- Through your bank account: you can do this online, through your PSEG My Account, or over the phone by calling PSEG 1-800-553-7734, or through your online bank account.
- By credit/debit card: you can pay by credit/debit card at an authorized payment centers, or over the phone at 1-888-575-6273. Note that a $3.95 processing fee applies
Keep in mind that PSEG does not accept pre-paid debit cards (such as the Green Dot Money Pak) or gift cards as payment.
What to do if you think you've been the victim of a scam
Call PSEG if you think that you've been the victim of a scam involving someone impersonating a PSEG representative. You may also call your local police department to report the scam.
Previous PSEG Scams
Here is a short summary of some of the recent scams that have targeted PSE&G customers.
Fall 2015: This scam primarily targeted small businesses. Scammers pretending to be PSE&G representatives called PSE&G customers telling them that their account balance was overdue and their service would be shut off unless they paid immediately. The payment requested was by pre-paid debit card. The fraud victims were given a number to call back once they had purchased the card. This number featured an interactive voice response prompts that imitated what PSE&G customers would hear when calling the real PSE&G customer service line. The line was answered by a fake PSE&G representative, who asked for the number of the pre-paid debit card, which they would use to take the money from the card. This could happen within a matter of minutes. Find out more about the procedure for service shutoff that PSEG is required to follow.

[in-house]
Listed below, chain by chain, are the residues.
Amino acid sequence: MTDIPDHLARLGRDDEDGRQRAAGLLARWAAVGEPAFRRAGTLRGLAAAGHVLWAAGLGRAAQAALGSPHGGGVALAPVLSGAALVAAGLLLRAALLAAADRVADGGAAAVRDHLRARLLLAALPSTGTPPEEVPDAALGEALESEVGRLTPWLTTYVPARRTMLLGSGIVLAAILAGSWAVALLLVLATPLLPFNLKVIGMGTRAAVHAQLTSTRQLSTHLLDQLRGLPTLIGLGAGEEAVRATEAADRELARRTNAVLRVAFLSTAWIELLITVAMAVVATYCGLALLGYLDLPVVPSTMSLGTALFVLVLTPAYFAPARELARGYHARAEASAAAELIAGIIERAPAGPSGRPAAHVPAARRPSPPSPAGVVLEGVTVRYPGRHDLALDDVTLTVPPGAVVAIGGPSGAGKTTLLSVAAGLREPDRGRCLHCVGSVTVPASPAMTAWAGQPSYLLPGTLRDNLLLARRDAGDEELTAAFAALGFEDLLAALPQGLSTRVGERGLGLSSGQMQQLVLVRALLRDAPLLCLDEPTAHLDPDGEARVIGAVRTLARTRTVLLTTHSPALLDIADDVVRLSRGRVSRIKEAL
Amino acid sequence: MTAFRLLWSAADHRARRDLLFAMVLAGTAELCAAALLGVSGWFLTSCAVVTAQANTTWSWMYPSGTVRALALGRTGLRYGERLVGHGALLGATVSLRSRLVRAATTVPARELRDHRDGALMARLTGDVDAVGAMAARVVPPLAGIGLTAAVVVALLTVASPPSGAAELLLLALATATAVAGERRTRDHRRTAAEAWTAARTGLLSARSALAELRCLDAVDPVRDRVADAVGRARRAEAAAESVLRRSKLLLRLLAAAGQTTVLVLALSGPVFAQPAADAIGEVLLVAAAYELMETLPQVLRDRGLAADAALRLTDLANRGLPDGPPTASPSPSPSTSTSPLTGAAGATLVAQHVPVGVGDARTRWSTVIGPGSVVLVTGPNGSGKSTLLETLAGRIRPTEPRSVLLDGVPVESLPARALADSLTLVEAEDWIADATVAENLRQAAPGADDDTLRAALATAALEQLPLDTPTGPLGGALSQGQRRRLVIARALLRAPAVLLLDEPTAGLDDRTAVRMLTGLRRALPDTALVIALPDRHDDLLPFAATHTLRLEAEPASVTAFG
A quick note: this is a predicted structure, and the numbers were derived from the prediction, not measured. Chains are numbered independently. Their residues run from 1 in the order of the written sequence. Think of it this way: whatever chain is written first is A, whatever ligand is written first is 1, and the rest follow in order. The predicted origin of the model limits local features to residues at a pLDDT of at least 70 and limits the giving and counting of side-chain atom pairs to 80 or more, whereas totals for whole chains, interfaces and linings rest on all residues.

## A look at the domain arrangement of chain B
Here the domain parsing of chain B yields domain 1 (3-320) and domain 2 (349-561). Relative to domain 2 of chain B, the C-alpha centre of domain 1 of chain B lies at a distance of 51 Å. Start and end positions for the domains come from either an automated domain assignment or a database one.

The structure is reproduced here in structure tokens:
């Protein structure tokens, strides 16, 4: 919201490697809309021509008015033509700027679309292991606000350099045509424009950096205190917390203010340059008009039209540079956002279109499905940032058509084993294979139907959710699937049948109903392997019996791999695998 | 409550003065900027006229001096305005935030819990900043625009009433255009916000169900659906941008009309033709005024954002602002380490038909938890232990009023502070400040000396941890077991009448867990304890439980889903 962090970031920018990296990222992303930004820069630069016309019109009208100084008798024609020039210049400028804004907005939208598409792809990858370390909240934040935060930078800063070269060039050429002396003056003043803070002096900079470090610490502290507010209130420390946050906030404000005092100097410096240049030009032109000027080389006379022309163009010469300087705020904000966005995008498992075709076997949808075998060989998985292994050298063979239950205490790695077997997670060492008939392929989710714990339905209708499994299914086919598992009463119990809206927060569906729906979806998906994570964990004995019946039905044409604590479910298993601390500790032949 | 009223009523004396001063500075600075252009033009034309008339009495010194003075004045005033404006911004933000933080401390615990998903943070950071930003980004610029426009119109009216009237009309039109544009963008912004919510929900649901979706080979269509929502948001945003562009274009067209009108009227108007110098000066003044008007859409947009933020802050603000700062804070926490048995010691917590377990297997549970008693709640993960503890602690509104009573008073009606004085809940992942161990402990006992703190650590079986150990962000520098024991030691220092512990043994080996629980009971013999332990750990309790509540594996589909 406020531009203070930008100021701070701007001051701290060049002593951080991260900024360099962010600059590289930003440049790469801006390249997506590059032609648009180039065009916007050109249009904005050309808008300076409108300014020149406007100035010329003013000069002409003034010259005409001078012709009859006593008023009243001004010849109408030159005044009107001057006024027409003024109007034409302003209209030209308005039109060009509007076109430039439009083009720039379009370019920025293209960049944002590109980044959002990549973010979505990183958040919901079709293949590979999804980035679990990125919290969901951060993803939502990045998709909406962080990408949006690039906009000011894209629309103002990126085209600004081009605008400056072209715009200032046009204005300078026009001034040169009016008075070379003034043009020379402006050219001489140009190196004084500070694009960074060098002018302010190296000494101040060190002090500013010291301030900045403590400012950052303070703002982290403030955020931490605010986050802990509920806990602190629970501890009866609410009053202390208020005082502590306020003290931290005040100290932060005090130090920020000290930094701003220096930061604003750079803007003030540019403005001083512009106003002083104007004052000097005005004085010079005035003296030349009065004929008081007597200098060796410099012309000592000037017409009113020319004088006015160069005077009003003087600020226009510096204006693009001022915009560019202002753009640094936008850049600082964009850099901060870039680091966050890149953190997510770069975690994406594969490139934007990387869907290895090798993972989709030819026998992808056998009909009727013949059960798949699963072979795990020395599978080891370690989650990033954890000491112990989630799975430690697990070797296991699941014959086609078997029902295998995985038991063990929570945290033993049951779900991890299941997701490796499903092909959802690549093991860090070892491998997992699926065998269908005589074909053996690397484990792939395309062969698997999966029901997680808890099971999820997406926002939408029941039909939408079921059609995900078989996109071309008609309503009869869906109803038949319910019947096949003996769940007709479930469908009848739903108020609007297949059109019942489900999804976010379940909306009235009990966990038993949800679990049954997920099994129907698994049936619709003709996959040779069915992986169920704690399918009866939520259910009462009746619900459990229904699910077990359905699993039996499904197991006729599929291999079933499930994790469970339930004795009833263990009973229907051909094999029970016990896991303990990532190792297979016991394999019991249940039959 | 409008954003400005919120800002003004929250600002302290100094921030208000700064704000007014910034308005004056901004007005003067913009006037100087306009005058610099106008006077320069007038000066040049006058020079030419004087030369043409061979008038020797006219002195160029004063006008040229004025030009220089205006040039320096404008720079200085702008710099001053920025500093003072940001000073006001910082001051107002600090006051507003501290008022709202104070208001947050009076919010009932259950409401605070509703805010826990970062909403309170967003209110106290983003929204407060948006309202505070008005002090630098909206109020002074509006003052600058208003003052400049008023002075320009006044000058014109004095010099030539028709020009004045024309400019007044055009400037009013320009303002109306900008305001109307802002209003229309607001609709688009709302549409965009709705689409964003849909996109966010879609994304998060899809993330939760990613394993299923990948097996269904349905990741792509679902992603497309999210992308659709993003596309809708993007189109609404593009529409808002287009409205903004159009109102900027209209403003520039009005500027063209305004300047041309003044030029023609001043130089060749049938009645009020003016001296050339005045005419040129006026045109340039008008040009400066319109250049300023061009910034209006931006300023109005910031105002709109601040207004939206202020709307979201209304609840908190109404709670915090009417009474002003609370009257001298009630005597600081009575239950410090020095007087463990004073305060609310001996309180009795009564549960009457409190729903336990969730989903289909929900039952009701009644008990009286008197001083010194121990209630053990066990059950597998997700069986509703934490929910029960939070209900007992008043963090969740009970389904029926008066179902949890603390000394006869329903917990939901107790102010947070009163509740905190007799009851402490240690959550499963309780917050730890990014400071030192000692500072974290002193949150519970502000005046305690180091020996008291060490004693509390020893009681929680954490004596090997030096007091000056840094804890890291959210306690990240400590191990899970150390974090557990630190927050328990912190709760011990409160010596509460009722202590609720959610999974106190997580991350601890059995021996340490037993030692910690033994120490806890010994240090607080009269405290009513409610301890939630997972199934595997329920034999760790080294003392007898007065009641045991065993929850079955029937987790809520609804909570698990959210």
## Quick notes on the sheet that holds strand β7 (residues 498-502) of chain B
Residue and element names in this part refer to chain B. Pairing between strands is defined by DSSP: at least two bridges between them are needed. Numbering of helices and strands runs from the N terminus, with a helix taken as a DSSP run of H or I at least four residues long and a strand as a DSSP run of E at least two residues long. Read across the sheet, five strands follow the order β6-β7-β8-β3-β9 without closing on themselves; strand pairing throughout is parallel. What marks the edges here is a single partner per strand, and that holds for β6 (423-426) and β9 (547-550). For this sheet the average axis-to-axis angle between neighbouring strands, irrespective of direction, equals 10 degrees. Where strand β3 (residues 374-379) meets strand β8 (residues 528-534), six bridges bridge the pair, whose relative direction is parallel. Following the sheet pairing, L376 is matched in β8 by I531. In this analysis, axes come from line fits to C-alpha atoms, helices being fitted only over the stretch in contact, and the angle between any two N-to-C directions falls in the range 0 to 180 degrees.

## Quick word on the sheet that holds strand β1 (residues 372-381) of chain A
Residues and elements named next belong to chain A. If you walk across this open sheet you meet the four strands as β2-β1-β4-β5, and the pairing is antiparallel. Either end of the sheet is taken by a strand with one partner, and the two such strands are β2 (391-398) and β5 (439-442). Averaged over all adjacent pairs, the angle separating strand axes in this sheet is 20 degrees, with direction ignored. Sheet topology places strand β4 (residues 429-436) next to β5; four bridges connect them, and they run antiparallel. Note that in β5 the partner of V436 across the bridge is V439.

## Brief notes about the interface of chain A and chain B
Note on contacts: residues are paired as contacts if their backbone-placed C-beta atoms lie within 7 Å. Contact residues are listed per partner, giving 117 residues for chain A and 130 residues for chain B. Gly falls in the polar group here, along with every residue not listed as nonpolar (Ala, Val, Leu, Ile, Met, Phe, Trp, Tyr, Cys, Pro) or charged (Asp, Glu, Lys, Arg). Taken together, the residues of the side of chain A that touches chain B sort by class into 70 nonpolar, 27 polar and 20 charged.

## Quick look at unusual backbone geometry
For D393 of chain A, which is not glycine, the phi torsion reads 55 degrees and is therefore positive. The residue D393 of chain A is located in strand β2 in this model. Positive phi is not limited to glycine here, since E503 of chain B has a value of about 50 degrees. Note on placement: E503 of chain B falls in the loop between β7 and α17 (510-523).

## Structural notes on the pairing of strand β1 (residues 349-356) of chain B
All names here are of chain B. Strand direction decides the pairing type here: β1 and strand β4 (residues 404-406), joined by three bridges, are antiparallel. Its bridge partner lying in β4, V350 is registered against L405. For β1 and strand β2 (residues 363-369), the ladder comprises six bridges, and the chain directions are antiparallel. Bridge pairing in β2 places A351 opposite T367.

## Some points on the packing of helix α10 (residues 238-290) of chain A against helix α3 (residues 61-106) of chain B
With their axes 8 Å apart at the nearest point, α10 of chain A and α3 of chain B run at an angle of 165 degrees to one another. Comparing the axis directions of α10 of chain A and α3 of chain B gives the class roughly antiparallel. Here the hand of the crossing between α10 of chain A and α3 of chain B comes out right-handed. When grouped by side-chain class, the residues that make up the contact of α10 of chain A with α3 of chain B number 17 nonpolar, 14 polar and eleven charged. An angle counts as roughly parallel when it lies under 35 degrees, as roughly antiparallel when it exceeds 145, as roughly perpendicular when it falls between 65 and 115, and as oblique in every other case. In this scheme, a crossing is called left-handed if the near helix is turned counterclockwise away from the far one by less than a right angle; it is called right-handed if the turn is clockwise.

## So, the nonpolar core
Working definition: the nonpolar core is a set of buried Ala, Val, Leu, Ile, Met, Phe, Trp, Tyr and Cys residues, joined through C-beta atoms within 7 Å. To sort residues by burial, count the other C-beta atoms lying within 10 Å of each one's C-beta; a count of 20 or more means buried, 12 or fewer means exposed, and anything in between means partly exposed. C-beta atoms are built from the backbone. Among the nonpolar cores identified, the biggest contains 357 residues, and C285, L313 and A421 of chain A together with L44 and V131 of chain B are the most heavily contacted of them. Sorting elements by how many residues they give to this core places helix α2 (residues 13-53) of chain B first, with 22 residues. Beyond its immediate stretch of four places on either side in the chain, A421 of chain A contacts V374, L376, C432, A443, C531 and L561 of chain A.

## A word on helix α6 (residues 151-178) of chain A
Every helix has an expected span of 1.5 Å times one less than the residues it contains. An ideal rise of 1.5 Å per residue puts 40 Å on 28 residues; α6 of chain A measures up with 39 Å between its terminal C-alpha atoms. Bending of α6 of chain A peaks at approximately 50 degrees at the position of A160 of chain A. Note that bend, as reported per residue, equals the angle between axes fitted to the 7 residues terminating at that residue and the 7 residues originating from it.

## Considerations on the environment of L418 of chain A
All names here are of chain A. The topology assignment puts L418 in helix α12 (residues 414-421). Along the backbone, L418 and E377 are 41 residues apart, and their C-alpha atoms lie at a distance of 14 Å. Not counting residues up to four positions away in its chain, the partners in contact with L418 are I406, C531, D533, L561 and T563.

Summer 2015: This scam targeted Hoboken residents and small businesses. PSE&G customers received a phone call from a 1-800 number telling them that they were behind on their bills and faced imminent shutoff unless they paid within a certain time period, usually about 30 minutes. The payment method required was by pre-paid debit card, which is not an accepted payment method for PSEG.
Winter 2014: Some PSE&G customers reported receiving emails that looked like a pending utility bill with a link to view account information. However, bills sent by PSE&G to customers via email would be sent from [email protected], and the utility would not ask its customers to provide personal information online without first logging into their personal MyAccount on www.pseg.com.
Summer 2012: This was part of a nation-wide scam scam involving a false federal government bill subsidy. As many as 10,000 PSE&G customers fell victim to this fraud. Customers received an email, phone call, or text message telling them of a new stimulus plan that would pay that month’s utility bill. To apply, all customers needed to do was provide a Social Security number and their own bank routing code. Customers who were fooled risked having their identity stolen.